Callot, Jacques, S. Hieronimus, c. 1632
|Artiste:||Callot, Jacques (1592 - 1635)|
|Titre:||S. Hieronimus from The Penitent, c. 1632|
|Taille d'image:||2 1/2 in x 1 5/8 in (5.7 cm x 4.1 cm)|
|Taille de feuille:||2 1/2 in x 1 5/8 in (5.7 cm x 4.1 cm)|
|Taille encadrée:||14 3/4 in x 14 in (37.5 cm x 35.6 cm)|
|Signé:||Signed in the plate in the lower left 'Callot fe.' and 'Israel ex.'|
|Condition:||This work is in excellent condition; trimmed along the plate mark.|
Captured in incredible detail, Saint Hieronimus (also known as Saint Jerome), kneels passionately before a monumental cross in a mountainous landscape. His lion companion dashes off to the left while, in the lower center, we witness a skull and a book. Saint Hieronimus (Jerome) was often depicted with a skull, representing the inevitability of death and the vanity of worldly things, and a book, representing his studious nature. Callot depicts St. Hieronimus in the wilderness where he lived the life of a hermit. The Saint's dedication to his faith is apparent in his earnest gaze and striking pose, as he looks to the cross with absolute faithfulness. Callot creates a three dimensional space in which St. Hieronimus is placed at the center of the composition as the wilderness winds off into the background. The cross is also emphasized, sitting atop a cliff and framed by towering trees.
Created c. 1632, this piece is from the series The Penitent. This work is signed in the plate in the lower left 'Callot fe.' and 'Israel ex.' Also annotated in the plate 'Cum privi | legio Regis.' In the lower right.
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Jacques Callot biographie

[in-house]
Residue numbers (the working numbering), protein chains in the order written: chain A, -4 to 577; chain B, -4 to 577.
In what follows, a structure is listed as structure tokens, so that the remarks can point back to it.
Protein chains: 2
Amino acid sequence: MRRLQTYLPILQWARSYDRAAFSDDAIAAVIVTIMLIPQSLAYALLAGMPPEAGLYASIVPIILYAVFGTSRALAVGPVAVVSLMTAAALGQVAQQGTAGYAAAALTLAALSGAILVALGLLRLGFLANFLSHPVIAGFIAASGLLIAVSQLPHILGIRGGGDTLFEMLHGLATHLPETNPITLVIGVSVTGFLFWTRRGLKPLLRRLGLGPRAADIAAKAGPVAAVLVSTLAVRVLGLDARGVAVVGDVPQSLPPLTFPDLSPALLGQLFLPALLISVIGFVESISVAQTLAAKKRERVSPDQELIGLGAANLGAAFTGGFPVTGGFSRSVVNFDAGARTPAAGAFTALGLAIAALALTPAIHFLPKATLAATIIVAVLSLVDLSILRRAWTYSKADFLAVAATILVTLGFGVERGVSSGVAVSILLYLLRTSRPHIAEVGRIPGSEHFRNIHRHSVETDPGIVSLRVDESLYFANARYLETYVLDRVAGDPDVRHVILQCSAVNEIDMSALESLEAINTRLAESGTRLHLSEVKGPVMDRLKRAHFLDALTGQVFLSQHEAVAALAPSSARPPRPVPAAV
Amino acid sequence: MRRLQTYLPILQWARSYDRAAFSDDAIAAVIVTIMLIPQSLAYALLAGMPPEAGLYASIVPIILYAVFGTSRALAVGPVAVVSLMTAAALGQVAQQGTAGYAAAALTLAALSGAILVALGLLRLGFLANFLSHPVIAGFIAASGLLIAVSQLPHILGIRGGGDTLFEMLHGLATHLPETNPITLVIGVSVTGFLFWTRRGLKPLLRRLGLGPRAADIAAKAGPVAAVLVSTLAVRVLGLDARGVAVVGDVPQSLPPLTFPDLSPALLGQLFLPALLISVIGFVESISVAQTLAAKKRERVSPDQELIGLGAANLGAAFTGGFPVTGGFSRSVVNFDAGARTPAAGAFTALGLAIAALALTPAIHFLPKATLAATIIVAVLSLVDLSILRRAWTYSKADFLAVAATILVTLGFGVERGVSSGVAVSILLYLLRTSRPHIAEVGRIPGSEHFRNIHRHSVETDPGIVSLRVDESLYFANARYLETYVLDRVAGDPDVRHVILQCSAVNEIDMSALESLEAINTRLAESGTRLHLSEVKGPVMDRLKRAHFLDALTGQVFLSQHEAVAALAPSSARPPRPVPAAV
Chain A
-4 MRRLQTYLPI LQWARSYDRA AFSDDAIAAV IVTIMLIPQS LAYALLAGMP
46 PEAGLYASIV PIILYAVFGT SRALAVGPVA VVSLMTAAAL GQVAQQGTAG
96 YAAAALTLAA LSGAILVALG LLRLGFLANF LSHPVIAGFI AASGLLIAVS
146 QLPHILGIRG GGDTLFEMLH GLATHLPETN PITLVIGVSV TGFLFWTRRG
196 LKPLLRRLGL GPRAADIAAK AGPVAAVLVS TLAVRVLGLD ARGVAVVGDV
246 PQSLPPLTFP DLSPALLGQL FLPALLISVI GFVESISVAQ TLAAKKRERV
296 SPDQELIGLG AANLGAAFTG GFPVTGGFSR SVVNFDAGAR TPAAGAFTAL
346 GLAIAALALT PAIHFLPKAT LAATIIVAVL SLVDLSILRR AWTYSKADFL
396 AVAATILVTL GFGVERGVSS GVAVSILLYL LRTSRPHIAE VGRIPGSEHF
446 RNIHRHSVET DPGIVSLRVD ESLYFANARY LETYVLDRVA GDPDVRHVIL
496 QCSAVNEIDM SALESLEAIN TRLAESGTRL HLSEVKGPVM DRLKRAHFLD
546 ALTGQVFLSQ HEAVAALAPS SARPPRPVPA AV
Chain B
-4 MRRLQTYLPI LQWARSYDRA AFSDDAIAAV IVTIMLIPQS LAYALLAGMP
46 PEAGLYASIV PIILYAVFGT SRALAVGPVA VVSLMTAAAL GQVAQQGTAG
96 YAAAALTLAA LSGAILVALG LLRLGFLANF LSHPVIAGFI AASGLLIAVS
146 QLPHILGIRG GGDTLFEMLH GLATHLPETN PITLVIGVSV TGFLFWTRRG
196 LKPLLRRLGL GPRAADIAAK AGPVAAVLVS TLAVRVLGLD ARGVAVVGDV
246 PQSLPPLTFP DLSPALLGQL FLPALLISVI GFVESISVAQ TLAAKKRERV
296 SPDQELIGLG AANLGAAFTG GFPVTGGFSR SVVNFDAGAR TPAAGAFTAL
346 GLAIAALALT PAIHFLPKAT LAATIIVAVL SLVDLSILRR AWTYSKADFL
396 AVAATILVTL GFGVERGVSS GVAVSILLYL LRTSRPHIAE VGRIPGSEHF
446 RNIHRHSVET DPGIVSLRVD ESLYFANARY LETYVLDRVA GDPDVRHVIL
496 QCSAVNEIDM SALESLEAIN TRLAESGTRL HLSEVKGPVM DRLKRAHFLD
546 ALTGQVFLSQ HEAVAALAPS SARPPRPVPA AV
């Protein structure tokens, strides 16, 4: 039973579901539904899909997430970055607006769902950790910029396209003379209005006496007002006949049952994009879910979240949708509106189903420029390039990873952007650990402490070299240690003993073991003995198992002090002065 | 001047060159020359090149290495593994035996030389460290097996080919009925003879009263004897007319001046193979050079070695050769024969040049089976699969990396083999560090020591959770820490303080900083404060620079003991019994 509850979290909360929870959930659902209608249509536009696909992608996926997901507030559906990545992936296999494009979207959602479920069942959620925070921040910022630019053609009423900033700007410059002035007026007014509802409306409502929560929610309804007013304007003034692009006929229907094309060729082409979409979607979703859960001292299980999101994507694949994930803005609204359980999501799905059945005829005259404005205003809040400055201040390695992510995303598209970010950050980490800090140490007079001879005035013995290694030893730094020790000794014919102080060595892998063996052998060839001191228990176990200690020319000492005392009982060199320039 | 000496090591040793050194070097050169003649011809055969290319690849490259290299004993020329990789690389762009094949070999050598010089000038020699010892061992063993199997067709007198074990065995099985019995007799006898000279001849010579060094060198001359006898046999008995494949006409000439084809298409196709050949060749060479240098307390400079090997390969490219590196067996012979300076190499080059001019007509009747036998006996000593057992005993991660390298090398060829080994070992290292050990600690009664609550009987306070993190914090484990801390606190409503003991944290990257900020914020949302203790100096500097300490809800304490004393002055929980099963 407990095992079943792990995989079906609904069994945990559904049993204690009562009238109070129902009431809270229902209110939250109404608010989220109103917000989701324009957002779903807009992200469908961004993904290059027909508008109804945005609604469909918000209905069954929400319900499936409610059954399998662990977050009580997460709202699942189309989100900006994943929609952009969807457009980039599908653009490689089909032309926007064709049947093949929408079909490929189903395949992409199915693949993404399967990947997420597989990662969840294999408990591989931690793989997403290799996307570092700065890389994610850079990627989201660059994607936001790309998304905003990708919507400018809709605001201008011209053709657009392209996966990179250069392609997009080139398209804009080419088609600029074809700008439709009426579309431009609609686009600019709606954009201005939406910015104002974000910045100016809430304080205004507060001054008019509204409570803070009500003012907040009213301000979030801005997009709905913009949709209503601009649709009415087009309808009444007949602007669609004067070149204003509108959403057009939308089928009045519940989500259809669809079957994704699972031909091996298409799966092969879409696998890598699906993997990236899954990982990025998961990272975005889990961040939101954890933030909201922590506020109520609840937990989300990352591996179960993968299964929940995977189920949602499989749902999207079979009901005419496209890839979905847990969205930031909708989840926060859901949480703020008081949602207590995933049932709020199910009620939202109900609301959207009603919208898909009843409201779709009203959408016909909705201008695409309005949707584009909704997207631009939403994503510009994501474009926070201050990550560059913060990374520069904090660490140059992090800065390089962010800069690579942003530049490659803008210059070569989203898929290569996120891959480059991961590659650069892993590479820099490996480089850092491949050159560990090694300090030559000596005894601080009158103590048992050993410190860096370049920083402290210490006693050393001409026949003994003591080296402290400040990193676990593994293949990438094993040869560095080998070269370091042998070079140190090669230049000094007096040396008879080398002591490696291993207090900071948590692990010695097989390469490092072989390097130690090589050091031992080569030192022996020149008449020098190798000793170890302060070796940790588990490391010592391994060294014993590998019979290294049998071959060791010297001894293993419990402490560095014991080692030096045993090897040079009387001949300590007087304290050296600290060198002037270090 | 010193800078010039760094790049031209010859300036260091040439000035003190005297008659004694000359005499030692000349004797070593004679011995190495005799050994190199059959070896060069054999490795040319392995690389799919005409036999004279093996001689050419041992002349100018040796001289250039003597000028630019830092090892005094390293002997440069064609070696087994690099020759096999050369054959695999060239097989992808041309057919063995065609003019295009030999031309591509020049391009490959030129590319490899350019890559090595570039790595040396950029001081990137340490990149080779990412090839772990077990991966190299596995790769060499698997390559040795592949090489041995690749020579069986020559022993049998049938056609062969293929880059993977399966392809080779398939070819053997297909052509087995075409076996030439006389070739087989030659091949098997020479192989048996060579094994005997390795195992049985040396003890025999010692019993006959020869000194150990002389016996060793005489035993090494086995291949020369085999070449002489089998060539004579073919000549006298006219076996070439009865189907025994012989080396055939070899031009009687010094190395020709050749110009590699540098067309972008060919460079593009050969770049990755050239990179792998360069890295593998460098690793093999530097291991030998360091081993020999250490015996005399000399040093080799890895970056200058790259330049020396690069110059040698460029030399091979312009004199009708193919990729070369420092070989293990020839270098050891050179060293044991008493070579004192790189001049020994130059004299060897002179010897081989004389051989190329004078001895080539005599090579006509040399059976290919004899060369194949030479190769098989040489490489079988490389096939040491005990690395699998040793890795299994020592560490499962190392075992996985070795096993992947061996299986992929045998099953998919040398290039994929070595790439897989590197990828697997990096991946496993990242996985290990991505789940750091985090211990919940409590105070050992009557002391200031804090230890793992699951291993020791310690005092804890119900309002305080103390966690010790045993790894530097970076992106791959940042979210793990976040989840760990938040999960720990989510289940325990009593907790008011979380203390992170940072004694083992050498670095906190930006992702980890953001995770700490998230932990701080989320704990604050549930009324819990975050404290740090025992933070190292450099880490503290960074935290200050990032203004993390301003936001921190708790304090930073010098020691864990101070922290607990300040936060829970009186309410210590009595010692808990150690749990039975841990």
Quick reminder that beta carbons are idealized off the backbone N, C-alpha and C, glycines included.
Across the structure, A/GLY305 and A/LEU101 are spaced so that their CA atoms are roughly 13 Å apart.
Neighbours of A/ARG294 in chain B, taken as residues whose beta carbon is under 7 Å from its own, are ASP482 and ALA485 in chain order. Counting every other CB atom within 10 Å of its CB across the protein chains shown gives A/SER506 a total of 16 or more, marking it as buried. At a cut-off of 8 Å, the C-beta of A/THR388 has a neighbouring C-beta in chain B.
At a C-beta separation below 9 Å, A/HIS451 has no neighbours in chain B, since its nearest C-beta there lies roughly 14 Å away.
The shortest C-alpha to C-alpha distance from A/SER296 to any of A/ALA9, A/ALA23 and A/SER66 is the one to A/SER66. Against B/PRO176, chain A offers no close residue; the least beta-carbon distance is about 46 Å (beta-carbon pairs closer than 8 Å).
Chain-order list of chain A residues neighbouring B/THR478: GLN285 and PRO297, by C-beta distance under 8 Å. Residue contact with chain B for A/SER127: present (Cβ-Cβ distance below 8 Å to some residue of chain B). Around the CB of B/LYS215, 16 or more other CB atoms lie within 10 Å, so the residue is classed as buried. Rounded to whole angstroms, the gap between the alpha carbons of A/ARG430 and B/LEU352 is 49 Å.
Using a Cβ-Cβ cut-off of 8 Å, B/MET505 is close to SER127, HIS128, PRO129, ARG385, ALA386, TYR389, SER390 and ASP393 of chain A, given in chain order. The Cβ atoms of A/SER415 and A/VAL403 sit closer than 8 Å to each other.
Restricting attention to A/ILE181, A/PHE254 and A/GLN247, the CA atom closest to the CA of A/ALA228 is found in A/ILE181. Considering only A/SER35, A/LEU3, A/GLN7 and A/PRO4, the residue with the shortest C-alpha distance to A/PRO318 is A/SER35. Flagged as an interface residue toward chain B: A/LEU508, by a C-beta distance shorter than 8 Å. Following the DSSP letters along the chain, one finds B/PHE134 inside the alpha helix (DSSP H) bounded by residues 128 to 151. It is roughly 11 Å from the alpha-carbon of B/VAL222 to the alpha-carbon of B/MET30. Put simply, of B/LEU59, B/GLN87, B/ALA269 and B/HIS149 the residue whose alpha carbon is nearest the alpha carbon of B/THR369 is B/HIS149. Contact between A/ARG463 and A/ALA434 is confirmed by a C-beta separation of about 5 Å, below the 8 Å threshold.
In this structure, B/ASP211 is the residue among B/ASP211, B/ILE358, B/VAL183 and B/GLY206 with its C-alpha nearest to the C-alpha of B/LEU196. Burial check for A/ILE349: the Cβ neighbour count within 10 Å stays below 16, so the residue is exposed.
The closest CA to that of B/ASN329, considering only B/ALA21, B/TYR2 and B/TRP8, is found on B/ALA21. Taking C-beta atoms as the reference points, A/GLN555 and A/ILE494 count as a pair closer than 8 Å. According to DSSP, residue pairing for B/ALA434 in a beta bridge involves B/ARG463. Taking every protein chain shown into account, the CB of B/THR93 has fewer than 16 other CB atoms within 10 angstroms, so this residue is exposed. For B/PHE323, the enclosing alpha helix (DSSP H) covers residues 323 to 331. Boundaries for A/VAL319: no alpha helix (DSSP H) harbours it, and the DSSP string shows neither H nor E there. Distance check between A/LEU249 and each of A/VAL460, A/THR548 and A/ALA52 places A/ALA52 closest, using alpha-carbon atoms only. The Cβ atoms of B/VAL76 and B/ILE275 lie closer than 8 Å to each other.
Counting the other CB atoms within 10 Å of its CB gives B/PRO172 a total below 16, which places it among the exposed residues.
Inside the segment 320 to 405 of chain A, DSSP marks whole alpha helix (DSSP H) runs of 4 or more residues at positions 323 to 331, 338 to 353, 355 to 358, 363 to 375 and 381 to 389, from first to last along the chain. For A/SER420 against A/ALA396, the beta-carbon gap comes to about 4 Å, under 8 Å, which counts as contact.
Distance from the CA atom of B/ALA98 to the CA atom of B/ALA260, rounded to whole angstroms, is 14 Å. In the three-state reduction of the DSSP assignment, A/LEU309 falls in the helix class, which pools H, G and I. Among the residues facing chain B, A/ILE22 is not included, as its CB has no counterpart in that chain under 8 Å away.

French engraver and draughtsman. Jacques Callot went to Italy when he was in his teens and, working in Rome and then in Florence at the court of the Grand Duke Cosimc II (1590-1621), he learned to combine the sophisticated techniques and exaggerations of late Mannerism with witty and acute observation into a brilliantly expressive idiom. Returning to France in 1621 he became one of the chief exponents of the bizarre and grotesque which came into vogue in the reign of Louis XIII (1601-43). Most of the remainder of his career was spent in his native Nancy, but he also worked in Paris and the Low Countries. He made a specialty of beggars and deformities, characters from the picaresque novel and the Italian commedia dell'arte. In this respect he comes close to Bellange, also active in Nancy, but Callot's style was more realistic. His last great work, the series of etchings entitled the Grandes Miséres de la Guerre followed the invasion of Lorraine by Car Richelieu in 1633, and is a harrowing depiction the atrocities of war; its themes and imagery were used as a source by Goya. His output was prodigious; more than a thousand Callot etchings and drawings by him are extant, and some of his plates are large, featuring scores of brilliantly arranged figures. Jacques Callot was one of the greatest of all etchers and one of the first major creative artists to work exclusively in the graphic arts.
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